Timeline: The coronavirus lockdown and Dominic Cummings’ trip to Durham

He travelled north ‘to ensure his young child could be properly cared for’ a week after restrictions were introduced.

A motorway sign advising drivers to stay home, protect the NHS and save lives
A motorway sign advising drivers to stay home, protect the NHS and save lives

Boris Johnson’s controversial aide Dominic Cummings is back in the headlines – this time for travelling more than 260 miles to Durham during the lockdown.

Mr Cummings says he made the journey for childcare purposes. Here is the timeline of events around his trip.

-March 23: As the coronavirus crisis escalates, the UK is placed into lockdown with strict limitations on travel.

The Government guidelines state: “You should not be visiting family members who do not live in your home.”

A letter from Prime Minster Boris Johnson to UK residents urging them to stay at home
A letter from Prime Minster Boris Johnson to UK residents urging them to stay at home (Scott Wilson/PA)

-March 27: Both Boris Johnson and Health Secretary Matt Hancock test positive for coronavirus, while chief medical officer Chris Whitty says he has symptoms of the disease and is self-isolating.

-March 30: Downing Street confirms Mr Cummings is suffering from coronavirus symptoms and is self-isolating.

Dominic Cummings
Downing Street confirmed Mr Cummings had coronavirus symptoms on March 30 (David Mirzoeff/PA)

March 31: Durham police are “made aware of reports that an individual had travelled from London to Durham and was present at an address in the city”.

The force said officers “made contact with the owners of that address who confirmed that the individual in question was present and was self-isolating in part of the house.

“In line with national policing guidance, officers explained to the family the arrangements around self-isolation guidelines and reiterated the appropriate advice around essential travel.”

-April 5: An unnamed neighbour tells the Mirror and the Guardian Mr Cummings was seen in his parents’ garden .

“I got the shock of my life as I looked over to the gates and saw him,” they said.

The Guardian approaches Downing Street about the story, only to be told by a spokesman: “It will be a no comment on that one.”

-March 30 – April 6:  The period Mr Cummings’ wife Mary Wakefield describes the family’s battle with coronavirus in the April 25 issue of the Spectator.

She makes no mention of the trip to Durham and describes the challenges of caring for their son while suffering the symptoms of Covid-19.

“This might be my only really useful advice for other double-Covid parents or single mothers with pre-schoolers: get out the doctor’s kit and make it your child’s job to take your temperature.

“Any game that involves lying down is a good game.”

April 10: Number 10 is again contacted for comment regarding Mr Cumming’s trip by the Guardian. Instead of defending the journey, officials declined to comment.

-April 14: Mr Cummings returns to work for the first time since news he was suffering from Coronavirus emerged.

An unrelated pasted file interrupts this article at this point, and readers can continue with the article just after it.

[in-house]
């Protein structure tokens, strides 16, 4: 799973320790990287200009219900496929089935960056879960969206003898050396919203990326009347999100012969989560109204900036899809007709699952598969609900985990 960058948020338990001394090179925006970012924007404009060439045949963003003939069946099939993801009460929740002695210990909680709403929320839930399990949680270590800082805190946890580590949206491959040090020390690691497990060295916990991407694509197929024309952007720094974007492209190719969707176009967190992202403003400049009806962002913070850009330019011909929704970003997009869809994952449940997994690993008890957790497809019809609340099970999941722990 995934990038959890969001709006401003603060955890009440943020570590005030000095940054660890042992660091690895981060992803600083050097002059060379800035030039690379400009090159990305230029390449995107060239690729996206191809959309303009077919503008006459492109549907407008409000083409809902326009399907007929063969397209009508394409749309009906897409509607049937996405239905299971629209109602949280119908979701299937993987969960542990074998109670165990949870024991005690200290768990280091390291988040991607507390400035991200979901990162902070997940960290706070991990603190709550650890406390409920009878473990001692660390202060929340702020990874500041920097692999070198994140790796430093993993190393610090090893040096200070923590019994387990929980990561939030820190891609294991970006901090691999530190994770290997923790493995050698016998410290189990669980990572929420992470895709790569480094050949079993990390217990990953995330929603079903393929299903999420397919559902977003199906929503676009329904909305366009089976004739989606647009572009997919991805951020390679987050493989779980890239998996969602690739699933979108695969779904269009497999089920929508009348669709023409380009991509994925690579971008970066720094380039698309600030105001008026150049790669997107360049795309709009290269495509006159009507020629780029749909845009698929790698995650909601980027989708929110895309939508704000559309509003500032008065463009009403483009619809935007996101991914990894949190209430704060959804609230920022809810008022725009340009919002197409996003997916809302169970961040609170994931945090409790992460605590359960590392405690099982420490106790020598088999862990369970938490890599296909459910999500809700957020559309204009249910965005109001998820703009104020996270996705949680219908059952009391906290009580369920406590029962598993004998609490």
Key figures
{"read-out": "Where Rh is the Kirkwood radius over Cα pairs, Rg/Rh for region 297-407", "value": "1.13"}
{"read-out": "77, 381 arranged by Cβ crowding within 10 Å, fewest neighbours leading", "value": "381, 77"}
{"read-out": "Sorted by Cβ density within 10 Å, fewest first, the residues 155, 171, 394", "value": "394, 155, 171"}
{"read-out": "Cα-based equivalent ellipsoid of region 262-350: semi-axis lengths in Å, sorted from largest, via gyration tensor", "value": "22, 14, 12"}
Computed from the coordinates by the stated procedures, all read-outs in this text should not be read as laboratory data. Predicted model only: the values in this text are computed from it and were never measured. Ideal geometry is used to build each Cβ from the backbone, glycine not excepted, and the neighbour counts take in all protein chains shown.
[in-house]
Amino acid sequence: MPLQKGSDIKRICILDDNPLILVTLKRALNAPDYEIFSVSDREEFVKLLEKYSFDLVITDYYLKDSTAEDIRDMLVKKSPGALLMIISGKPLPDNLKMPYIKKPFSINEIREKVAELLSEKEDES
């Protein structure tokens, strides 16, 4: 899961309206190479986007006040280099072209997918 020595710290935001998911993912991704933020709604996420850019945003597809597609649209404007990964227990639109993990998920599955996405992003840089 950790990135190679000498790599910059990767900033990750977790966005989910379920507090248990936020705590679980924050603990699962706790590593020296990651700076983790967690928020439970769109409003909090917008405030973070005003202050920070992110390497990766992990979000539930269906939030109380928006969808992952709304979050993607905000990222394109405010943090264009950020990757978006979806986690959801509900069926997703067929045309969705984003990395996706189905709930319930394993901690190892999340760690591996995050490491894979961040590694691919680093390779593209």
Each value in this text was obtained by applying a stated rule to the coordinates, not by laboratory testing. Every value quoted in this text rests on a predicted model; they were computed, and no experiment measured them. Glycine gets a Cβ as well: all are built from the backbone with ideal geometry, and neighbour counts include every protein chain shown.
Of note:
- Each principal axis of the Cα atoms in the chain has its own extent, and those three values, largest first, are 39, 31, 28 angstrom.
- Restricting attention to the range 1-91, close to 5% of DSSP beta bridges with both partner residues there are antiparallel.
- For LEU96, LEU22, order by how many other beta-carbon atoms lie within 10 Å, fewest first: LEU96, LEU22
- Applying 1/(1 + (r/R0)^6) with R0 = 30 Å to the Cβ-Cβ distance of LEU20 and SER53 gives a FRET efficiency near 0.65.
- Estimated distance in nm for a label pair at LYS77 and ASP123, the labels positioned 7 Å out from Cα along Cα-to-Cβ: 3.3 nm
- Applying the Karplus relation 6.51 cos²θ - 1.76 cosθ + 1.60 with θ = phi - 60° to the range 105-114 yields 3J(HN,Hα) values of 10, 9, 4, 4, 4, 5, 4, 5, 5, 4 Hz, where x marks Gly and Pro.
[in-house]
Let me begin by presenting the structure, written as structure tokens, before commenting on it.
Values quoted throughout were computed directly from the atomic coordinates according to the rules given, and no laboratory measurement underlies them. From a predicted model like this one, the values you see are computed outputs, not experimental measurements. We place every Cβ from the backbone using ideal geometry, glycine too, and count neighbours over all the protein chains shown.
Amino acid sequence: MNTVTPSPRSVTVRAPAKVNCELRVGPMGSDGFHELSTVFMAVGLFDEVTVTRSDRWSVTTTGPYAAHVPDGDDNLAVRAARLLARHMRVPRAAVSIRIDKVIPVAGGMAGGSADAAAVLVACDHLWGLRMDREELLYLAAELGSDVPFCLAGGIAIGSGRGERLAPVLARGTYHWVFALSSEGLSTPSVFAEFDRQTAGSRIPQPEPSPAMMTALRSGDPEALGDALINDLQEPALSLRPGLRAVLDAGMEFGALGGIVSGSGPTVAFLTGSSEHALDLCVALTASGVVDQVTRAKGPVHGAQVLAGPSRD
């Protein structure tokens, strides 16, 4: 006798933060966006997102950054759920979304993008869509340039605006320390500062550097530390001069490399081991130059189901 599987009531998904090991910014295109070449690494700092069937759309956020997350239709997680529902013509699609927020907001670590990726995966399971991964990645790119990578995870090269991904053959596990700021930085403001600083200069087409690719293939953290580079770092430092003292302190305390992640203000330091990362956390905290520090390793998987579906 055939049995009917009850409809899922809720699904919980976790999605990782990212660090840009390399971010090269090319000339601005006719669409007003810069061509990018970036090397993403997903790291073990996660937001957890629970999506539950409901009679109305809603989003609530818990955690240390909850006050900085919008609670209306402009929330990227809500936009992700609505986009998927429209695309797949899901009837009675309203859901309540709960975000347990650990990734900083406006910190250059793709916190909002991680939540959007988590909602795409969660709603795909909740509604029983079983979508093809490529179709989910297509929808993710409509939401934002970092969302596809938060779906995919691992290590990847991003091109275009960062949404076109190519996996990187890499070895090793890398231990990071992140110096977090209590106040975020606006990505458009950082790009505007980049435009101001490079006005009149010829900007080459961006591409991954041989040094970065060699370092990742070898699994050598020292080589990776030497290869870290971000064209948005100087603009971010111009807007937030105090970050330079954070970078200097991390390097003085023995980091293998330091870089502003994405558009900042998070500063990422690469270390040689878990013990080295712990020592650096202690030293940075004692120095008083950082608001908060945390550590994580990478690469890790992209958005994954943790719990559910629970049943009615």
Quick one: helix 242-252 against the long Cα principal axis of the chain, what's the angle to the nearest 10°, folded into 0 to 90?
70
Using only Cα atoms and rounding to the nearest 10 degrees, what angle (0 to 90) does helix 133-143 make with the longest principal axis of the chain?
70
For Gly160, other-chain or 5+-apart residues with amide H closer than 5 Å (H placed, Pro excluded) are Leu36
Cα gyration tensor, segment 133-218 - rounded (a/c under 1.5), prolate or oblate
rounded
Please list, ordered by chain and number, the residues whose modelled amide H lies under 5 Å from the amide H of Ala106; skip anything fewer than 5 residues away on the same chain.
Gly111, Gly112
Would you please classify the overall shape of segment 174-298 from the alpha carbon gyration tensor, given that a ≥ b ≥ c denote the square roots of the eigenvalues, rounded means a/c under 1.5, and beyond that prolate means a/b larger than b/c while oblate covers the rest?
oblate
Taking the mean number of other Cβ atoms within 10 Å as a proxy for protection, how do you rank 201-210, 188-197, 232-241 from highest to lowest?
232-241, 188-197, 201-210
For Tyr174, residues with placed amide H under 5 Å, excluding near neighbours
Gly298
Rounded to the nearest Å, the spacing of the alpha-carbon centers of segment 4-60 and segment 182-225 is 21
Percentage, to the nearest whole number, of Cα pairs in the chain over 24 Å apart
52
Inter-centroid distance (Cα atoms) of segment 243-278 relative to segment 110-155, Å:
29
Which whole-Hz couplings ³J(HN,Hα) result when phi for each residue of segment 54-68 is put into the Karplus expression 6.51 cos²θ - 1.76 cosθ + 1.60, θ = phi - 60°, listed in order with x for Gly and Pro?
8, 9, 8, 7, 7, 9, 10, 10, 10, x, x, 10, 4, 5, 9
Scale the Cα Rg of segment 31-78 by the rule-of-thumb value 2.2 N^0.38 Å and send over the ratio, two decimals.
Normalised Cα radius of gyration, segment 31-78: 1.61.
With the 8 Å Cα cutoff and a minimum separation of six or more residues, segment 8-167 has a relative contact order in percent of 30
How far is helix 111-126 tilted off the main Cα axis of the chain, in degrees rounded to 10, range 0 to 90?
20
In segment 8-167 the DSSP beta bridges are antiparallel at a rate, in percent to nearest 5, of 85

Dominic Cummings with his assistant Cleo Watson
Dominic Cummings with his assistant Cleo Watson (Stefan Rousseau/PA)

Questions are raised about his adherence to social distancing advice as he is photographed walking down Downing Street with fellow aide Cleo Watson.

-May 22: News breaks in the Mirror and the Guardian of Mr Cummings’ trip to Durham.

-May 23: Downing Street appears to be standing by the PM’s chief aide, saying in a statement: “Owing to his wife being infected with suspected coronavirus and the high likelihood that he would himself become unwell, it was essential for Dominic Cummings to ensure his young child could be properly cared for.”

The statement said: “At no stage was he or his family spoken to by the police about this matter, as is being reported.

“His actions were in line with coronavirus guidelines. Mr Cummings believes he behaved reasonably and legally.”

Speaking outside his home, Mr Cummings reiterated: “I behaved reasonably and legally”.

When a reporter suggested to him that his actions did not look good, he replied: “Who cares about good looks?

“It’s a question of doing the right thing. It’s not about what you guys think.”

Later at the daily Downing Street briefing, Transport Secretary Grant Shapps said Mr Cummings had the PM’s “full support” and that Mr Johnson “knew that he was unwell and that he was in lockdown”.

Mr Shapps said it had always been permissible for families to travel to be closer to their relatives as long as they “go to that location and stay in that location”.

Meanwhile, deputy chief medical officer for England, Dr Jenny Harries, said that travelling during lockdown was permissible if “there was an extreme risk to life”, with a “safeguarding clause” attached to all advice to prevent vulnerable people being stuck at home with no support.

In a new statement released on Saturday evening, Durham Police said that on March 31 it was made aware Mr Cummings was present at an address in the city.

The force added that the following morning an officer spoke with Mr Cummings’ father at his own request, who confirmed his son had travelled with his family to the North East and was “self-isolating in part of the property”.

It said the force “deemed that no further action was required. However, the officer did provide advice in relation to security issues”.

In another evening statement, a No 10 spokeswoman accused the Mirror and Guardian of writing “inaccurate” stories about Mr Cummings.

This included claims that Mr Cummings had returned to Durham after returning to work in Downing Street on April 14.

“We will not waste our time answering a stream of false allegations about Mr Cummings from campaigning newspapers,” the spokeswoman said.

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